Our all-time best selling book is now available in a revised and expanded second edition. Thinking with Type is the definitive guide to using typography in visual communication, from the printed page to the computer screen. This revised edition includes forty-eight pages of new content, including the latest information on style sheets for print and the web, the use of ornaments and captions, lining and non-lining numerals, the use of small caps and enlarged capitals, as well as information on captions, font licensing, mixing typefaces, and hand lettering. Throughout the book, visual examples show how to be inventive within systems of typographic form--what the rules are and how to break them. Thinking with Type is a type book for everyone: designers, writers, editors, students, and anyone else who works with words. The popular companion website to Thinking with Type (www.thinkingwithtype.com.) has been revised to reflect the new material in this second edition.
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- Author : Ellen Lupton
- Publisher : Princeton Architectural Press
- Release Date : 2010-10-06
- Genre : Design
- Pages : 224
- ISBN : 1568989695
Our all time best selling book is now available in a revised and expanded second edition. Thinking with Type is the definitive guide to using typography in visual communication, from the printed page to the computer screen. This revised edition includes forty-eight pages of new content, including the latest information on style sheets for print and the web, the use of ornaments and captions, lining and non-lining numerals, the use of small caps and enlarged capitals, as well as information on captions, font licensing, mixing typefaces, and hand lettering. Throughout the book, visual examples show how to be inventive within systems of typographic form—what the rules are and how to break them. Thinking with Type is a type book for everyone: designers, writers, editors, students, and anyone else who works with words. The popular online companion to Thinking with Type (www.thinkingwithtype.com) has been revised to reflect the new material in the second edition.
The organization of letters on a blank sheet—or screen—is the most basic challenge facing anyone who practices design. What type of font to use? How big? How should those letters, words, and paragraphs be aligned, spaced, ordered, shaped, and otherwise manipulated? In this groundbreaking new primer, leading design educator and historian Ellen Lupton provides clear and concise guidance for anyone learning or brushing up on their typographic skills. Thinking with Type is divided into three sections: letter, text, and grid. Each section begins with an easy-to-grasp essay that reviews historical, technological, and theoretical concepts, and is then followed by a set of practical exercises that bring the material covered to life. Sections conclude with examples of work by leading practitioners that demonstrate creative possibilities (along with some classic no-no's to avoid).
The long awaited follow-up to our all-time bestseller Thinking with Type is here. Type on Screen is the definitive guide to using classic typographic concepts of form and structure to make dynamic compositions for screen-based applications. Covering a broad range of technologies—from electronic publications and websites to videos and mobile devices—this hands-on primer presents the latest information available to help designers make critical creative decisions, including how to choose typefaces for the screen, how to style beautiful, functional text and navigation, how to apply principles of animation to text, and how to generate new forms and experiences with code-based operations. Type on Screen is an essential design tool for anyone seeking clear and focused guidance about typography for the digital age.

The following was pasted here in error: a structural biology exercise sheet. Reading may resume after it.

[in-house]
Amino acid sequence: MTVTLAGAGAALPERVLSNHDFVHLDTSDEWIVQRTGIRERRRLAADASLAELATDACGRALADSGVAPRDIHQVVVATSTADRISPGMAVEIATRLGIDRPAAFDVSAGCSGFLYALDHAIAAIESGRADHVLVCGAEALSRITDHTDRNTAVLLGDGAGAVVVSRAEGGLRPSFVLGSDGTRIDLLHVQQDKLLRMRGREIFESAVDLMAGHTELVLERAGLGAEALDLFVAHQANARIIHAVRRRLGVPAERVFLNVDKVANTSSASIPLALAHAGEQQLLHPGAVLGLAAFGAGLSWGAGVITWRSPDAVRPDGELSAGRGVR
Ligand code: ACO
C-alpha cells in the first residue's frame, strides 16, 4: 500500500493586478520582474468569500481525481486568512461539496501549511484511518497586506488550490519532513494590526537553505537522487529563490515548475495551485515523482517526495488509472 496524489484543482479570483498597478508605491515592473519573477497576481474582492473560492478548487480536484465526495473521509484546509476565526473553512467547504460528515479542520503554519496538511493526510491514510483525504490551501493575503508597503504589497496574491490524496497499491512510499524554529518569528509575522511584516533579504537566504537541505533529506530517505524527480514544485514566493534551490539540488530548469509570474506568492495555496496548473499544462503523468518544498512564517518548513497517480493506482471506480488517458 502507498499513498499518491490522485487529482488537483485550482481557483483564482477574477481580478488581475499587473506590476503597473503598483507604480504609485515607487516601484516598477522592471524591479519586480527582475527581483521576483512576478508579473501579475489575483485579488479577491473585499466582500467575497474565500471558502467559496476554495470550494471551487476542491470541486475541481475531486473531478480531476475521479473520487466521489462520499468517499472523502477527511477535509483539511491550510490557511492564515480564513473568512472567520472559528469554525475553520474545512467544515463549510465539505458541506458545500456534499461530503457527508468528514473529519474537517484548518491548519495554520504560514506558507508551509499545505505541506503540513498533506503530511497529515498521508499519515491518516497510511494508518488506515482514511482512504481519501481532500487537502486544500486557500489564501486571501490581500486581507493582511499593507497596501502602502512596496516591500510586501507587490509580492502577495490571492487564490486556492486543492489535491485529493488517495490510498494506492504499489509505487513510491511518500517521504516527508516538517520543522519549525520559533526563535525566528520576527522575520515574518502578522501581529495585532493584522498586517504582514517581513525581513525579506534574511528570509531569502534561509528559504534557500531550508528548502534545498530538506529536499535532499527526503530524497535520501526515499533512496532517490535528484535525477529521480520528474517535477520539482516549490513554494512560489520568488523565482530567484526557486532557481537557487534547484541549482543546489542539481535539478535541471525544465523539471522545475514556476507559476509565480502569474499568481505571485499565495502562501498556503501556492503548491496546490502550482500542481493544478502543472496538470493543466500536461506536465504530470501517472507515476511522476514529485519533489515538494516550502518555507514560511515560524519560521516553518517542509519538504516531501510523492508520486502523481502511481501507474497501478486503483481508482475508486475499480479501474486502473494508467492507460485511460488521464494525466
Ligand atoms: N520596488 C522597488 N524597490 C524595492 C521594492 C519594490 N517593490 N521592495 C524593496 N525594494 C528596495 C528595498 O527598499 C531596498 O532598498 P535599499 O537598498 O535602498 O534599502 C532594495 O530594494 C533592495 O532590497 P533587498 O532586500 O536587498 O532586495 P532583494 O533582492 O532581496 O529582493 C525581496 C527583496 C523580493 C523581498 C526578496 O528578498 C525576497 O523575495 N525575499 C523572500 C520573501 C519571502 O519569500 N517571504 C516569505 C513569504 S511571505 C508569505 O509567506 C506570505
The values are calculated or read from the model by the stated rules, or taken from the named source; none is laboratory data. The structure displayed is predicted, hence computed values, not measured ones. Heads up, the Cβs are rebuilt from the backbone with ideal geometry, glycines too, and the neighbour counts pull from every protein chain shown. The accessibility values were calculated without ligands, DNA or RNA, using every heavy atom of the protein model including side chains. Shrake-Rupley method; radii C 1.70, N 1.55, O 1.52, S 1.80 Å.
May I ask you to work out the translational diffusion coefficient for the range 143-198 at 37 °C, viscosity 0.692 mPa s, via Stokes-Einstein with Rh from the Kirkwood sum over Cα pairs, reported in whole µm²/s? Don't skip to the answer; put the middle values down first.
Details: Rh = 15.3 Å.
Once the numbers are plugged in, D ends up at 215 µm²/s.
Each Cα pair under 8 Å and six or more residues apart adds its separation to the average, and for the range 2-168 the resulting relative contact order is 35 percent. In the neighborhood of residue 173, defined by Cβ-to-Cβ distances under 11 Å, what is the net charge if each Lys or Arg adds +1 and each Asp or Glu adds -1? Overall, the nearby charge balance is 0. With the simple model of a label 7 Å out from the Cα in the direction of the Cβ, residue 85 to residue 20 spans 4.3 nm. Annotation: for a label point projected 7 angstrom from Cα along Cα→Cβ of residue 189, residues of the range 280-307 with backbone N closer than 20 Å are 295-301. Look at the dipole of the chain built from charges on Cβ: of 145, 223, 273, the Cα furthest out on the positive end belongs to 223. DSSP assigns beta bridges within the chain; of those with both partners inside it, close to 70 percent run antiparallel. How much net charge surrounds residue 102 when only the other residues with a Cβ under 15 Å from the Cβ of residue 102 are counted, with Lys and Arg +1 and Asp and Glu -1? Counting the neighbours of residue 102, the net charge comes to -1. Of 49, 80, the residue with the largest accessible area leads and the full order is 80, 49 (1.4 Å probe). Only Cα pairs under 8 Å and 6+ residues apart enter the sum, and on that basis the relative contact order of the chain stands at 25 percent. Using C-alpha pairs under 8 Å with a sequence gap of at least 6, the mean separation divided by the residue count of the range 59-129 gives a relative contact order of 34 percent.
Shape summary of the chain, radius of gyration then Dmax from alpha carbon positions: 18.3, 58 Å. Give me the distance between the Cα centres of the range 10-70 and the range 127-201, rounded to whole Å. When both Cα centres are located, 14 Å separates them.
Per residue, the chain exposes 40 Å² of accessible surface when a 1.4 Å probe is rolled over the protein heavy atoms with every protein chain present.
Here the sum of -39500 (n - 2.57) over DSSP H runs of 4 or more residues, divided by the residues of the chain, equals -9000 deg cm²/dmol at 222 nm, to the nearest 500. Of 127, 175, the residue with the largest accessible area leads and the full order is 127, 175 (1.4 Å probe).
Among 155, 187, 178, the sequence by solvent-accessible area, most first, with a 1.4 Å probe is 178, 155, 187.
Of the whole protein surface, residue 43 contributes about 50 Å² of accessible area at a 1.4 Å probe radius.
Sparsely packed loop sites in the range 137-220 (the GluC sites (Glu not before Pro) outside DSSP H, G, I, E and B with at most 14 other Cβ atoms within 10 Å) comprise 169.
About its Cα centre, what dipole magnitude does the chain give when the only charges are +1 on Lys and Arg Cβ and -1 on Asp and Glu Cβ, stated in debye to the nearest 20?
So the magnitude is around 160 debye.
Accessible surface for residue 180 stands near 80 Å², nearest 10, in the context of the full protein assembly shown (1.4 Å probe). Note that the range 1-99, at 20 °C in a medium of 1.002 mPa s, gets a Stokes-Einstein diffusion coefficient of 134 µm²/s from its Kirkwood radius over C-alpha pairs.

Design with Type takes the reader through a study of typography that starts with the individual letter and proceeds through the word, the line, and the mass of text. The contrasts possible with type are treated in detail, along with their applications to the typography ofbooks, advertising, magazines, and information data. The various contending schools oftypography are discussed, copiously illustrated with the author's selection of over 150 examples of imaginative typography from many parts ot the world. Design with Type differs from all other books on typography in that it discusses type as a design material as well as a means of communication: the premise is that if type is understood in terms of design, the user of type will be better able to work with it to achieve maximum legibility and effectiveness, as well as aesthetic pleasure. Everyone who uses type, everyone who enjoys the appearance of the printed word, will find Design with Type informative and fascinating. It provides, too, an outstanding example of the effectiveness of imaginative and tasteful typographic design.
Instruction for designing blogs, books, business cards, CD and DVD packaging, embroidery, envelopes, flyers, gifts, housewares, invitations, logos, newsletters, note cards, photo albums, presentations, press kits, stationery, stickers, t-shirts, totes, wall graphics, web sites, and zines.
Our bestselling introduction to graphic design is now available in a revised and updated edition. In Graphic Design: The New Basics, bestselling author Ellen Lupton (Thinking with Type, Type on Screen) and design educator Jennifer Cole Phillips explain the key concepts of visual language that inform any work of design, from logo or letterhead to a complex website. Through visual demonstrations and concise commentary, students and professionals explore the formal elements of twodimensional design, such as point, line, plane, scale, hierarchy, layers, and transparency. This revised edition replaces sixty-four pages of the original publication with new content, including new chapters on visualizing data, typography, modes of representation, and Gestalt principles, and adds sixteen pages of new student and professional work covering such topics as working with grids and designing with color.
A playbook for creative thinking, created for contemporary students and practitioners working across the fields of graphic design, product design, service design and user experience. Design is Storytelling is a guide to thinking and making created for contemporary students and practitioners working across the fields of graphic design, product design, service design, and user experience. By grounding narrative concepts in fresh, concrete examples and demonstrations, this compelling book provides designers with tools and insights for shaping behaviour and engaging users. Compact, relevant and richly illustrated, the book is written with a sense of humour and a respect for the reader's time and intelligence. Design is Storytelling unpacks the elements of narrative into a fun and useful toolkit, bringing together principles from literary criticism, narratology, cognitive science, semiotics, phenomenology and critical theory to show how visual communication mobilizes instinctive biological processes as well as social norms and conventions. The book uses 250 illustrations to actively engage readers in the process of looking and understanding. This lively book shows how designers can use the principles of storytelling and visual thinking to create beautiful, surprising and effective outcomes. Although the book is full of practical advice for designers, it will also appeal to people more broadly involved in branding, marketing, business and communication.